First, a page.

Jacques de Meulles, the Intendant of Finance, came up with an ingenious ad-hoc solution – the temporary issuance of paper money to pay the soldiers, in the form of playing cards. He confiscated all the playing cards in the colony, cut them up into pieces, wrote denominations on the pieces, signed them, and issued them to the soldiers as pay in lieu of gold and silver. Because of the chronic shortages of money of all types in the colonies, these cards were readily accepted by merchants and the public and circulated freely at face value. It was intended to be purely a temporary expedient, and it was not until years later that its role as a medium of exchange was recognized. The first issue of playing card money occurred in June 1685 and was redeemed three months later. However, the shortages of coinage reoccurred and more issues of card money were made in subsequent years. Because of their wide acceptance as money and the general shortage of money in the colony, many of the playing cards were not redeemed but continued to circulate, acting as a useful substitute for scarce gold and silver coins from France. Eventually, the Governor of New France acknowledged their useful role as a circulating medium of exchange.
As the finances of the French government deteriorated because of European wars, it reduced its financial support for its colonies, so the colonial authorities in Canada relied more and more on card money. By 1757, the government had discontinued all payments in coin and payments were made in paper instead. In an application of Gresham’s Law – bad money drives out good – people hoarded gold and silver, and used paper money instead. The costs of the war with the British led to rapid inflation in New France. Following the British conquest in 1760, the paper money became almost worthless, but business did not come to a halt because gold and silver that had been hoarded came back into circulation. Under the Treaty of Paris (1763), the French government agreed to convert the outstanding card money into debentures, but with the French government essentially bankrupt, these bonds fell into default and by 1771 they were worthless.
The Royal Canadian Mint still issues Playing Card Money in commemoration of its history, but now in 92.5% silver form with gold plate on the edge. It therefore has an intrinsic value which considerably exceeds its fiat value. The Bank of Canada and Canadian economists often use this early form of paper currency to illustrate the true nature of money for Canadians.
18th and 19th centuryEdit
|United States (de facto)||1873|
|United States (de jure)||1900|
An early form of fiat currency in the American Colonies were "bills of credit." Provincial governments produced notes which were fiat currency, with the promise to allow holders to pay taxes in those notes. The notes were issued to pay current obligations and could be called by levying taxes at a later time. Since the notes were denominated in the local unit of account, they were circulated from person to person in non-tax transactions. These types of notes were issued particularly in Pennsylvania, Virginia and Massachusetts. Such money was sold at a discount of silver, which the government would then spend, and would expire at a fixed point in time later.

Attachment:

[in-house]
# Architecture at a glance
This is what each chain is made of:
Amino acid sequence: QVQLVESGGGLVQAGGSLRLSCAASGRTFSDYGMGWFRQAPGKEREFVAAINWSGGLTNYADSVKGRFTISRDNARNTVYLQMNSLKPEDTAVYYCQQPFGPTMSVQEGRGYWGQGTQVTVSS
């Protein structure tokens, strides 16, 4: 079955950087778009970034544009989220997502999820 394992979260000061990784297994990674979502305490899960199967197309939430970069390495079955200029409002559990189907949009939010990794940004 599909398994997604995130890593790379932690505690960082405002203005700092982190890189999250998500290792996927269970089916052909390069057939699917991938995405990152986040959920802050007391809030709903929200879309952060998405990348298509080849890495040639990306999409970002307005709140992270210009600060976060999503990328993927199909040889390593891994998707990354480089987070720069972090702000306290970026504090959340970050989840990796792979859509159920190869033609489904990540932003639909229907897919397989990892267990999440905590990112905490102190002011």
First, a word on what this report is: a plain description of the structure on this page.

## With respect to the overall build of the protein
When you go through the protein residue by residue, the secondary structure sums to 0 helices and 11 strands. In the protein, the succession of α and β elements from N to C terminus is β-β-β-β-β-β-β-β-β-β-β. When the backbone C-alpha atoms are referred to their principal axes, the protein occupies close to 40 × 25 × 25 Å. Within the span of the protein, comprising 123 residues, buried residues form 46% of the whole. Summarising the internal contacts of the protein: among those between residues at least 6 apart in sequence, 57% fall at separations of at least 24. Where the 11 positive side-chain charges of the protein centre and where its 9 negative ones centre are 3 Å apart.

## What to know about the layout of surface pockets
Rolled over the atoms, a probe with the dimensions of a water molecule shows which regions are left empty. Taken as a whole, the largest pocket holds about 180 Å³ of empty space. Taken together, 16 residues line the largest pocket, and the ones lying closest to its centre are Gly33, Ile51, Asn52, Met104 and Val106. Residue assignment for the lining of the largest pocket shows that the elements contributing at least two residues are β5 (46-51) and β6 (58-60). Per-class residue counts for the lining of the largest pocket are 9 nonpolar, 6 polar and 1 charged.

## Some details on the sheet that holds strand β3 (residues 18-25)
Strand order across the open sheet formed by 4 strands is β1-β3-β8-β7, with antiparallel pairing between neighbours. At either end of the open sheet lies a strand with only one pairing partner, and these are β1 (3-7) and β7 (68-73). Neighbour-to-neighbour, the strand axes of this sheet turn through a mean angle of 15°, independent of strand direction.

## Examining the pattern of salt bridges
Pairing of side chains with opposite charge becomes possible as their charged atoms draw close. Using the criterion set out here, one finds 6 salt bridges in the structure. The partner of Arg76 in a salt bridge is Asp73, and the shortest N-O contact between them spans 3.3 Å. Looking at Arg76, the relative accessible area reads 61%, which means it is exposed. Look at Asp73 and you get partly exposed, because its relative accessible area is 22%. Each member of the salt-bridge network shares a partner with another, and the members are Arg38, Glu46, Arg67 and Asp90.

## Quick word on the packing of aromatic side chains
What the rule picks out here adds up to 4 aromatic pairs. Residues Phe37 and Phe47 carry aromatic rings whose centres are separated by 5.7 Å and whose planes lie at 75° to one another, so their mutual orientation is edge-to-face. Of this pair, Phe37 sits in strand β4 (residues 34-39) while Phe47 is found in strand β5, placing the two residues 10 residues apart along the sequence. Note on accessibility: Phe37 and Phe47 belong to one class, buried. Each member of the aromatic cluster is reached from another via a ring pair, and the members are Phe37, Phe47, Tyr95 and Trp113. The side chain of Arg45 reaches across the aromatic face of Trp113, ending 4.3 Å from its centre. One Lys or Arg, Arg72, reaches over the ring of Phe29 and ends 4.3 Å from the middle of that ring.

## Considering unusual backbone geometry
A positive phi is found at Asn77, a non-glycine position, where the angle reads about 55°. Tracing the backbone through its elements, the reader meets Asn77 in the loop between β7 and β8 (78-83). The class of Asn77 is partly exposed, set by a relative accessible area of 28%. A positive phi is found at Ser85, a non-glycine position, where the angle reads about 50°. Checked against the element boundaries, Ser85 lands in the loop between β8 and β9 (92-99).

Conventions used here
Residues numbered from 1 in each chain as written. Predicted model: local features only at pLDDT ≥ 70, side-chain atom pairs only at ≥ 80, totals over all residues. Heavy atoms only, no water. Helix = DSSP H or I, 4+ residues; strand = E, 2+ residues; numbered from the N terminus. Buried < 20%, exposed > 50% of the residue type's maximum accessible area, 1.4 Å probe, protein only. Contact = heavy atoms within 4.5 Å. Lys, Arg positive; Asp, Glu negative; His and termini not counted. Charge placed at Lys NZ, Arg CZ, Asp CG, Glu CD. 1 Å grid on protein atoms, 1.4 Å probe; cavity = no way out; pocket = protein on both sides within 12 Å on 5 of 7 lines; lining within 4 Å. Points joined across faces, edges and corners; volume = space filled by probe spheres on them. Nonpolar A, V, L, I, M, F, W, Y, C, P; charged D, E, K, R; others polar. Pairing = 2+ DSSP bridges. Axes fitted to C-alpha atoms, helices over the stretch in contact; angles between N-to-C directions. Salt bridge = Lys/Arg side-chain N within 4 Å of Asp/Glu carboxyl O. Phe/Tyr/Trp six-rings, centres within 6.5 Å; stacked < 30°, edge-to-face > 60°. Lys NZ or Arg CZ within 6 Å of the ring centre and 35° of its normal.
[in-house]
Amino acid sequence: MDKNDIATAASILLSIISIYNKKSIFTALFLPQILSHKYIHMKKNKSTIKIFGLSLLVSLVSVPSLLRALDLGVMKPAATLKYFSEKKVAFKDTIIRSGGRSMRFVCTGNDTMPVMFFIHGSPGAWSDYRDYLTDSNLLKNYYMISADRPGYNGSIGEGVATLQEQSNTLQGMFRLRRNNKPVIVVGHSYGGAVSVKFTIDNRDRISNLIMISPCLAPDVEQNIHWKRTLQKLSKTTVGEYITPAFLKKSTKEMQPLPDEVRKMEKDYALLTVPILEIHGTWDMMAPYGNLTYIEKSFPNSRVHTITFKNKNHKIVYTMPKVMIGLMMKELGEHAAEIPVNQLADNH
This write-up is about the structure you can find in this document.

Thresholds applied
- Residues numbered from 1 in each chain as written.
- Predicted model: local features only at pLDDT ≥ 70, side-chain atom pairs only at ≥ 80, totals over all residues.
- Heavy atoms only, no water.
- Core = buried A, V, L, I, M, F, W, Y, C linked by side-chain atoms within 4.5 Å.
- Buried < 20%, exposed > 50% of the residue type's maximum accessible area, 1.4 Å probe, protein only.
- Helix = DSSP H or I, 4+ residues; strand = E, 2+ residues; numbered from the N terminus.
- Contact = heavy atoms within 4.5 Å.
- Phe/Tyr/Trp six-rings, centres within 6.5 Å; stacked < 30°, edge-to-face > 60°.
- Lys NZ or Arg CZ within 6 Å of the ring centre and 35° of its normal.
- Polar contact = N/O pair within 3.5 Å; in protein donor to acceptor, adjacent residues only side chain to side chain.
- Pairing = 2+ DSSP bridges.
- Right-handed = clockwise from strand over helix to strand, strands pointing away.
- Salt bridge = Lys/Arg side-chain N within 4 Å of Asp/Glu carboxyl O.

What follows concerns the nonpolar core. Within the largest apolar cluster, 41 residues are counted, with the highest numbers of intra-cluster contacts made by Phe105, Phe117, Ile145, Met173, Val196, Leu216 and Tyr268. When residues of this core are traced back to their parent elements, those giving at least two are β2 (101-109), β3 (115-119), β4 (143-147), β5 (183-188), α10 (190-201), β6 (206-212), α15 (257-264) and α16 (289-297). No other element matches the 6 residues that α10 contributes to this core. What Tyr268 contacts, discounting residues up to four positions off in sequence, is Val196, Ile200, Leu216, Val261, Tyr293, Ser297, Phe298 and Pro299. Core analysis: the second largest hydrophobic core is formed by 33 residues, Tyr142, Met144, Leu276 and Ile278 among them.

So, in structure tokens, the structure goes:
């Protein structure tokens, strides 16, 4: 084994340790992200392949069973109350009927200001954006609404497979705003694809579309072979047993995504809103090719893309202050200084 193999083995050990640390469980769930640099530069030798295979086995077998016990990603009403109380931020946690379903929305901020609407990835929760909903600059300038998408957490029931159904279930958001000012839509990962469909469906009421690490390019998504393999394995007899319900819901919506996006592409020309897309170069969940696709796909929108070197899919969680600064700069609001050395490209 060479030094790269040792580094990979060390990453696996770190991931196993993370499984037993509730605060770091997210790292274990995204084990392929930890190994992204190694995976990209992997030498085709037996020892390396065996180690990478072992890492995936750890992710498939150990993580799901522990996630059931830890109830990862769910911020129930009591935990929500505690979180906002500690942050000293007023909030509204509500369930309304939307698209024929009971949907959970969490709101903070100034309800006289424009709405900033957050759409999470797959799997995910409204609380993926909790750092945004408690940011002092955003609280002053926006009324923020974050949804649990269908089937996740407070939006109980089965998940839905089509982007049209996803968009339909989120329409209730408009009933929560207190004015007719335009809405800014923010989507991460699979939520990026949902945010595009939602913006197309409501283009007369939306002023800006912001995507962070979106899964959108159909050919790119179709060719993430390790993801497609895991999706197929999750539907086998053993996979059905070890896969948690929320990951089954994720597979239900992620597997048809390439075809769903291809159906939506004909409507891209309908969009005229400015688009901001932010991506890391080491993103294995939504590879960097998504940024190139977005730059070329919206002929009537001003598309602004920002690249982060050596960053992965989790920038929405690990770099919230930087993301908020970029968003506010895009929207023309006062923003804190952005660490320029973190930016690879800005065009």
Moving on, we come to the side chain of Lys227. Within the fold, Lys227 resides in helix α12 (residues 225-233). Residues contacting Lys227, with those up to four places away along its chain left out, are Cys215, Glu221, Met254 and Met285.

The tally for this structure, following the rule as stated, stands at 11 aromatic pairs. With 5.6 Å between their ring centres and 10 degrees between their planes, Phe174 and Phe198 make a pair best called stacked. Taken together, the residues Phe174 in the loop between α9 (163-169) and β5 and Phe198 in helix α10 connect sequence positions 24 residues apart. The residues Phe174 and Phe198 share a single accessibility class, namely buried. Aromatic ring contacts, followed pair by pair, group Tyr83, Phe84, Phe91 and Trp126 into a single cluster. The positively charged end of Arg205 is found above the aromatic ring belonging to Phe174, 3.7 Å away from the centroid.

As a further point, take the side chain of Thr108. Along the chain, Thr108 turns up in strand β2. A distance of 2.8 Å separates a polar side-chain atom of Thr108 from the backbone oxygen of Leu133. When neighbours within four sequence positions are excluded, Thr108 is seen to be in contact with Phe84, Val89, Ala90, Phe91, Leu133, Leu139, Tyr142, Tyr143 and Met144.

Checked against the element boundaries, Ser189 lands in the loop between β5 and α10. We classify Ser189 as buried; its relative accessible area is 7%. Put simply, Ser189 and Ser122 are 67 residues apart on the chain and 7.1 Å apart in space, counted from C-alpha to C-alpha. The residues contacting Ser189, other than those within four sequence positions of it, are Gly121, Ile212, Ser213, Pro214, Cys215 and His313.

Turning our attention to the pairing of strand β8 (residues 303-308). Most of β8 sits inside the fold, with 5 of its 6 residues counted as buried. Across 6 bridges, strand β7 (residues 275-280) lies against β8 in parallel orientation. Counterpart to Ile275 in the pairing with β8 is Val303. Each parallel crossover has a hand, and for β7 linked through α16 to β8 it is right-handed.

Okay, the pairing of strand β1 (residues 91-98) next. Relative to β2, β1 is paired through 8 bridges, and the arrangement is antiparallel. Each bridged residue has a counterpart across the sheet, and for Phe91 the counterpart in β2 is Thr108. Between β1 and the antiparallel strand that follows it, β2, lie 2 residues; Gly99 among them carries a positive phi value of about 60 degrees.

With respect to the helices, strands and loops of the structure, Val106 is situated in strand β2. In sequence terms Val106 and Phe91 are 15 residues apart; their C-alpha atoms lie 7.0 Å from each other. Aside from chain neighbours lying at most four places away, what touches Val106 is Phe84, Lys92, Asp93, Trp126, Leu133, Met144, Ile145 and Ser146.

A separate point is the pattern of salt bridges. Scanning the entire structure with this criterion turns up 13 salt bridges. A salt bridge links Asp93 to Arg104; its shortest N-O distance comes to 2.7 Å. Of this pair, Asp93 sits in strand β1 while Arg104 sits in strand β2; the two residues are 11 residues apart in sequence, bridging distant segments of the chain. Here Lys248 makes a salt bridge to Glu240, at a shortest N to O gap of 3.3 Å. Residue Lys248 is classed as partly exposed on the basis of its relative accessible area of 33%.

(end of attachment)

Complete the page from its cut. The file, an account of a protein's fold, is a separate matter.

Bills of credit have generated some controversy from their inception. Those who have wanted to highlight the dangers of inflation have focused on the colonies where the bills of credit depreciated most dramatically – New England and the Carolinas. Those who have wanted to defend the use of bills of credit in the colonies have focused on the middle colonies, where inflation was practically nonexistent.
Colonial powers consciously introduced fiat currencies backed by taxes, e.g. hut taxes or poll taxes, to mobilise economic resources in their new possessions, at least as a transitional arrangement. The purpose of such taxes was later served by property tax. The repeated cycle of deflationary hard money, followed by inflationary paper money continued through much of the 18th and 19th centuries. Often nations would have dual currencies, with paper trading at some discount to specie-backed money.
Examples include the “Continental” issued by the U.S. Congress before the Constitution; paper versus gold ducats in Napoleonic era Vienna, where paper often traded at 100:1 against gold; the South Sea Bubble, which produced bank notes not backed by sufficient reserves; and the Mississippi Company scheme of John Law.
During the American Civil War, the Federal Government issued United States Notes, a form of paper fiat currency popularly known as 'greenbacks'. Their issue was limited by Congress just slightly over $340 million. During the 1870s, withdrawal of the notes from circulation was opposed by the United States Greenback Party. It was termed as 'fiat money' in an 1878 party convention.